As he deals with the awful burden of esophagal cancer spreading through his lymph nodes, he is concerned about rumors of a death bed confession. He is trying to make clear to us what he believes before he is incapable of doing so later-on.
Despite that over-arching political concern, Hitchens' first real philosophical assumption is that the universe exceeds in complexity, full human understanding. And so, uncertainty is inescapable. He did not discover the principle, he must concede to it. He also concedes the possibility of a prime mover.
Atheism is too certain a position for Hitchens, author of the badly titled book God is Not Great. Badly, because it is too declarative, and certain. Where God is a wide-open term used to short-hand the ineffably complex universe, calling it "not great" is the equivalent of saying life is a half-empty glass. He just does not have access to enough information to make that determination.
Source: Irish Central
Here we find a number of popular falsehoods from Brendan Patrick Keane, like that atheism requires certainty and that atheism and agnosticism are mutually exclusive. Refutations of these myths are easy enough to find for anyone who spends more than a few seconds researching them. So either Keane didn't bother because he assumed he knew all he needed or he did the research and is deliberately misleading his readers. Both reflect very badly on him.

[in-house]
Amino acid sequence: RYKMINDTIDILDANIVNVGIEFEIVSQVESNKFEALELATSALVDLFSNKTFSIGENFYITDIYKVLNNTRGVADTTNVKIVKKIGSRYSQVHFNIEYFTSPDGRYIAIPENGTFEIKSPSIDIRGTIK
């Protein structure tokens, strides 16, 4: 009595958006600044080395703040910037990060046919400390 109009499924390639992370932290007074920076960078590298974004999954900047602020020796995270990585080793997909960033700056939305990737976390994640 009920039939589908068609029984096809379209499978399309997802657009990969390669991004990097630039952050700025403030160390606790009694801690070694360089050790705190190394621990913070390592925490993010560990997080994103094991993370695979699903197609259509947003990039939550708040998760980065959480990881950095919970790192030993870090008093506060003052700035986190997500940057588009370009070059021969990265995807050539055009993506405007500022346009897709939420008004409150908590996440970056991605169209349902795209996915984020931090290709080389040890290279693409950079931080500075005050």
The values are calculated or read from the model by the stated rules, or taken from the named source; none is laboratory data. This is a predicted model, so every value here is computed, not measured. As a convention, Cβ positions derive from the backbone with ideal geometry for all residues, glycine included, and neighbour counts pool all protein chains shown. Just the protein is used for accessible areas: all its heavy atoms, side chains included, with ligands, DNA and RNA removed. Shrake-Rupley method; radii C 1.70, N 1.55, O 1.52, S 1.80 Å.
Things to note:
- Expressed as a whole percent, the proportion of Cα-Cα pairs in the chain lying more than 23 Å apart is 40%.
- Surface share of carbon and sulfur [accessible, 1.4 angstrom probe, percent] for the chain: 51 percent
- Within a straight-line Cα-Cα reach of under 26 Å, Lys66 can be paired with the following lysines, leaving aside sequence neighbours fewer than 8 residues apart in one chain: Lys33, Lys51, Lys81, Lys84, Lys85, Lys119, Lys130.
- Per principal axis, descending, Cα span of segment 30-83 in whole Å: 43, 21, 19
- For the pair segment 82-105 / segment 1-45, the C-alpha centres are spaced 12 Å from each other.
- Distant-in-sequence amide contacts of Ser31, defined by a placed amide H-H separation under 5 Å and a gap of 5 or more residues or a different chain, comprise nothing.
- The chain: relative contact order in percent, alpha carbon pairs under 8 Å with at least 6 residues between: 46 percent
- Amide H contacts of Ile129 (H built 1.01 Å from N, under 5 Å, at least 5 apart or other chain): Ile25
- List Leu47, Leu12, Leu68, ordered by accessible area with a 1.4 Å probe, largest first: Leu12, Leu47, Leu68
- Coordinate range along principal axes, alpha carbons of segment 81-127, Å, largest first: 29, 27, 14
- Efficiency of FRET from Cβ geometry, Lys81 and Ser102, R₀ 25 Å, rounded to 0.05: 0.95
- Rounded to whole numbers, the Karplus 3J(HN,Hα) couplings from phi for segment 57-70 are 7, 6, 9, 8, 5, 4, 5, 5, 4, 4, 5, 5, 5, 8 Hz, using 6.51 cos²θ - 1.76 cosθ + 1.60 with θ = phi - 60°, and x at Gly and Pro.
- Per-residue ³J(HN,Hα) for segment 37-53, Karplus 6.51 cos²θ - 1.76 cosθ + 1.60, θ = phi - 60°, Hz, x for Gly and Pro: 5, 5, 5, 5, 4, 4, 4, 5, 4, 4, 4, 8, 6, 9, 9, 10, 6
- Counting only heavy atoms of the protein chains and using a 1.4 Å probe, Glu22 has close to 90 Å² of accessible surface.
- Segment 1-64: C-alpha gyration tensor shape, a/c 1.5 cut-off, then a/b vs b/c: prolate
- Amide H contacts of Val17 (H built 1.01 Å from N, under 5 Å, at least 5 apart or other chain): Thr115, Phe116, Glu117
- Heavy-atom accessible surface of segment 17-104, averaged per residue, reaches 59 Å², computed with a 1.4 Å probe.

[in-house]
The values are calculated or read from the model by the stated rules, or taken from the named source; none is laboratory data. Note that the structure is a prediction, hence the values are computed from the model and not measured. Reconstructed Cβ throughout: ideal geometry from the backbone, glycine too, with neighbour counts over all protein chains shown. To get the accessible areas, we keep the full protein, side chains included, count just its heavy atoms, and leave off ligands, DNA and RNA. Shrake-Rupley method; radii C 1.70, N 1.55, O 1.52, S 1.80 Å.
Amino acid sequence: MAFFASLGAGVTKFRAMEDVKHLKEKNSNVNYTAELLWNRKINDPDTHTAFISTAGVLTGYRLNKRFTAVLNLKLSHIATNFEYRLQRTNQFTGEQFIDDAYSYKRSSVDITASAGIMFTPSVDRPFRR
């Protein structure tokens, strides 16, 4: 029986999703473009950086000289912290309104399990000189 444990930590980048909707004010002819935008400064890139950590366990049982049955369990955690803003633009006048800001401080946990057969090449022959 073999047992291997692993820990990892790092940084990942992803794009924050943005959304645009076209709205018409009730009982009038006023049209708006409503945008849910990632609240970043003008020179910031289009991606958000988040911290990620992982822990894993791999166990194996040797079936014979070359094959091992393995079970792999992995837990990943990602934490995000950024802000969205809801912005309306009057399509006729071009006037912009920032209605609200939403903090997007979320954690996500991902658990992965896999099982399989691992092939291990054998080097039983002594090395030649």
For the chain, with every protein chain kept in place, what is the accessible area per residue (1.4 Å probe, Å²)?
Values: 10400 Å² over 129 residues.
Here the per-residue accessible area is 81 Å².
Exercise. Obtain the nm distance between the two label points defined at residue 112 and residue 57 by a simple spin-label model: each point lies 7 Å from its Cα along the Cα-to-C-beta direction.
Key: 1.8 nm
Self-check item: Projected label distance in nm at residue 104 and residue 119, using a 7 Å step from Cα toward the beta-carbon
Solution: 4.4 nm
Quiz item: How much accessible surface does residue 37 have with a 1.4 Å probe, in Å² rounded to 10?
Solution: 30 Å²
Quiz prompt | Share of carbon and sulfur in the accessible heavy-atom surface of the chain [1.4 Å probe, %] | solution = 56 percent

The quality of Keane's reasoning is revealed by his objections to the title of Christopher Hitchens' book God is Not Great. Keane's complaint is based on the premise that there really is a "God" which Hitchens was writing about but which we can't know much about -- a premise which Hitchens, an atheist, obviously doesn't share. From Hitchens' perspective, he was writing about a fictional character and we have more than enough information from all the stories to make a declarative, certain conclusion about the nature of that character: it is not Great.
Keane could have avoided all his errors if he had simply done a little bit of research on the subject -- and since the nature of atheism is absolutely central to an article about whether or not a person is an atheist, there's just no excuse for not doing that research. At the very least, he should have been expected to double-check some basic facts; by not doing so, he expresses what I consider to be a callous disregard for the truth. When you stop caring about what is true or false and just go with whatever is most convenient or whatever is most consistent with your preferred ideology, your statements should be treated as lies rather than mere mistakes.
Brendan Patrick Keane is described as "a writer and illustrator" who is "passionate about the Irish heritage of NYC." It's a pity that he also isn't equally passionate about the truth and getting his facts straight.